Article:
[There's something definitely amiss....I've written two posts that seem to have disappeared into thin air. I prepared them as a draft and then did a 'save' rather than publish straight away (I wanted to look up a reference to see if I'd remembered something correctly) only to find, when I went to the Blogger dashboard that they'd gone! Not that they're any great loss actually, more of an exercise in putting thoughts into words and seeing if they were coherent or represented that mental babble that goes round and around in your head, promises much, but delivers little.]
Along with a great many other bloggers, I find myself constantly confronted with distressing images from Haiti of the bloated dead, untreated dying, distraught survivors and widespread destruction. What I am finding more disturbing than these (if that is possible) is the positive relish with which the media seems to treat these disasters. It reminds me of a television series that used to be on a number of years ago, where such events were treated as a chance to raise one's profile by producing an item of captivating journalism, and to that end one of the more repulsive characters used to carry round a baby's bootee to place upon a pile of rubble in order to create a poignant picture opportunity.
But the scale of the human suffering is terrible, and possibly all the more so for its sudden and acute genesis. In truth, Haiti has been a disaster area for years which the west has blithely ignored even though it is practically on the doorstep of one of the major superpowers. How could that be? Well, obviously Haiti has nothing that its wealthy neighbour wants. Despite being occupied by the US from 1915 to 1934, it was left with nothing more enduring than a massive debt to the US banks that has meant that the country's money has haemorrhaged from its coffers in repayment rather than shore up its own infrastructure. Many of its people are poor subsistance farmers, lacking the most basic necessities. Malaria, tuberculosis and water-borne disease are rife. But now that there's been a conspicuous natural disaster, governments are knocking each other out of the way to be the first to give, give, give. It must be an absolute boon for countries with faltering governments to take the spotlight off their own failings and recast them in a glow of humanitarian touchy-feely support, complete with suitably impressive rhetoric and promises that - let's be honest - not one of the voters will remember even six months down the line. The dogs bark, but the caravan moves on.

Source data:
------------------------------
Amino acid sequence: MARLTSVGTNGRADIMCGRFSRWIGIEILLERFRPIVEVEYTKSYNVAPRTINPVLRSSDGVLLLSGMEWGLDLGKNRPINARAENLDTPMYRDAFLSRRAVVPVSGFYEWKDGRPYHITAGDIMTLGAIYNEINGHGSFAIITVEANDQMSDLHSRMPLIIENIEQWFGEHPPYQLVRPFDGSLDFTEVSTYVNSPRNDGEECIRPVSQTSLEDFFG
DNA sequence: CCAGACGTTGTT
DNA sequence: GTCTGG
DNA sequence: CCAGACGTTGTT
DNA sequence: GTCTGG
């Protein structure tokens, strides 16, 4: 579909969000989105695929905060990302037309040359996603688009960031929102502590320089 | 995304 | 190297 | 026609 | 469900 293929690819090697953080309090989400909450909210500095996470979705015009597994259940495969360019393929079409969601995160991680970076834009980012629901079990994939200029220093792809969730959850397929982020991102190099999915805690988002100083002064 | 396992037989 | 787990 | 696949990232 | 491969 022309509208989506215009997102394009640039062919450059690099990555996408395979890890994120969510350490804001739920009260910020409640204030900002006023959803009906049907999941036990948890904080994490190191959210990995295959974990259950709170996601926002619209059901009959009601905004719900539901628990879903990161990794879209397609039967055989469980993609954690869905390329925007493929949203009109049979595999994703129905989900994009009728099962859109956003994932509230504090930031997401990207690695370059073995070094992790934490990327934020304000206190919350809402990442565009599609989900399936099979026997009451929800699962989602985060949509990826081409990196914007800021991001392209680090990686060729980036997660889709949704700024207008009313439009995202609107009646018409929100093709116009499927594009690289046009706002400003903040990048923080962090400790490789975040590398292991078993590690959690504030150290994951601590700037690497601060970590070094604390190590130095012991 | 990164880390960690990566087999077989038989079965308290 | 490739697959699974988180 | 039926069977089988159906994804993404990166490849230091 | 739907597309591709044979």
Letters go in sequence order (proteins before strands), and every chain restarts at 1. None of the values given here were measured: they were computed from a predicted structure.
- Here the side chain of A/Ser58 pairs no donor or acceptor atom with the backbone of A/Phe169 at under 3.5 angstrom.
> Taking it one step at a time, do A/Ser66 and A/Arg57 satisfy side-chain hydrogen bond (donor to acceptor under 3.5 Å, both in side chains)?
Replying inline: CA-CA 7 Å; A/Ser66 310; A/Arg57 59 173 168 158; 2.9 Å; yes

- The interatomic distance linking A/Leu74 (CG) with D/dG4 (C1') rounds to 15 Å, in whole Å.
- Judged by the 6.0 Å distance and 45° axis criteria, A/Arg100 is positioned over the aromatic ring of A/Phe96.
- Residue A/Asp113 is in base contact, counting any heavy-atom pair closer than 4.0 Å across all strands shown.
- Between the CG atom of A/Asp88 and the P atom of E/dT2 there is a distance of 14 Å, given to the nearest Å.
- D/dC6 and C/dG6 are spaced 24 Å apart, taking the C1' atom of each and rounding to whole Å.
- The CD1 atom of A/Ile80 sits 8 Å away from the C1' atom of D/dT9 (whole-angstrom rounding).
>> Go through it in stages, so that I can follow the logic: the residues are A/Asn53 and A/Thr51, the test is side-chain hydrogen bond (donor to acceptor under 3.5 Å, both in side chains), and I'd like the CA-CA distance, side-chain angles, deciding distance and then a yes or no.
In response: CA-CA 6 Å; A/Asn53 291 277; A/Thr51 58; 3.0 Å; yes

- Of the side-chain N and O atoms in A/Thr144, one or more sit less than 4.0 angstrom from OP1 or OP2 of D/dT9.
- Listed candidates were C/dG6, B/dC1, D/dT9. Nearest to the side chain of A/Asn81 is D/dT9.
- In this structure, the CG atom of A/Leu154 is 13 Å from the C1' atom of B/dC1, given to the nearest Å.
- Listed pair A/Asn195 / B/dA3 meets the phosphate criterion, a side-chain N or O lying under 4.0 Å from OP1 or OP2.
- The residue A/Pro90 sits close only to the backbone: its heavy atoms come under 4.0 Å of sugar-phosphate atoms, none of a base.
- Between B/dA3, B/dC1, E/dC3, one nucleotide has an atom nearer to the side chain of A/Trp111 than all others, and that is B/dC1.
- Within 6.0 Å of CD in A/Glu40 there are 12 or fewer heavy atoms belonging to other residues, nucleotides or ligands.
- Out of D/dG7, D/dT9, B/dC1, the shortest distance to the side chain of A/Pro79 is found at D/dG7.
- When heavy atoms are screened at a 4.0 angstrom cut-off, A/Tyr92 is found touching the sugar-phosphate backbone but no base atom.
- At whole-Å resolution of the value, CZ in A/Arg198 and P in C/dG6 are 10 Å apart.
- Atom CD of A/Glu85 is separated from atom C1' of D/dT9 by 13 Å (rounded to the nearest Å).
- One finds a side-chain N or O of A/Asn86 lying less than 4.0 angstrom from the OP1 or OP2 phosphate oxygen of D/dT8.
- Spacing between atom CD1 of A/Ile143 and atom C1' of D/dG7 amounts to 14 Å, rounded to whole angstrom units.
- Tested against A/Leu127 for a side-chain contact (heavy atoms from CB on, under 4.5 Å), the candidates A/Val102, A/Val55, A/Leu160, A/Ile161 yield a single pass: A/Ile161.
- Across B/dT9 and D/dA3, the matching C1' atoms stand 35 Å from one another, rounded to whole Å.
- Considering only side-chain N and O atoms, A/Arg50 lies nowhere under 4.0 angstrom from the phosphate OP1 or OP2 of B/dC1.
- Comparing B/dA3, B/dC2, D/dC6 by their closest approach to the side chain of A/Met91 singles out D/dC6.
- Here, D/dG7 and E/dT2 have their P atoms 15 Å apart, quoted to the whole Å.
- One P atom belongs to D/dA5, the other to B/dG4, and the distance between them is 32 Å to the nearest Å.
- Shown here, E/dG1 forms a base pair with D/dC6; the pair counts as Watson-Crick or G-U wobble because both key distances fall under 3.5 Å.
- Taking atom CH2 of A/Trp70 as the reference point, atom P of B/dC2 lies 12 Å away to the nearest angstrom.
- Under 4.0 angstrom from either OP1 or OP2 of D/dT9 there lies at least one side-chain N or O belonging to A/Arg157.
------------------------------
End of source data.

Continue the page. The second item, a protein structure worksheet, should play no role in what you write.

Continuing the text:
Still, this horrendous event will do just what all the others have done (be they flood, hurricane, tsunami or earthquake): give politicians and the public a chance to feel God-like and pretty good about themselves for an instant. But any improvement that is wrought for the Haitian people will be as a result of long-term, low-level, off-camera commitment aimed at enabling them to improve access to healthcare and literacy, not a one-off, guilt-induced, knee-jerk online donation to mop up the immediate distress.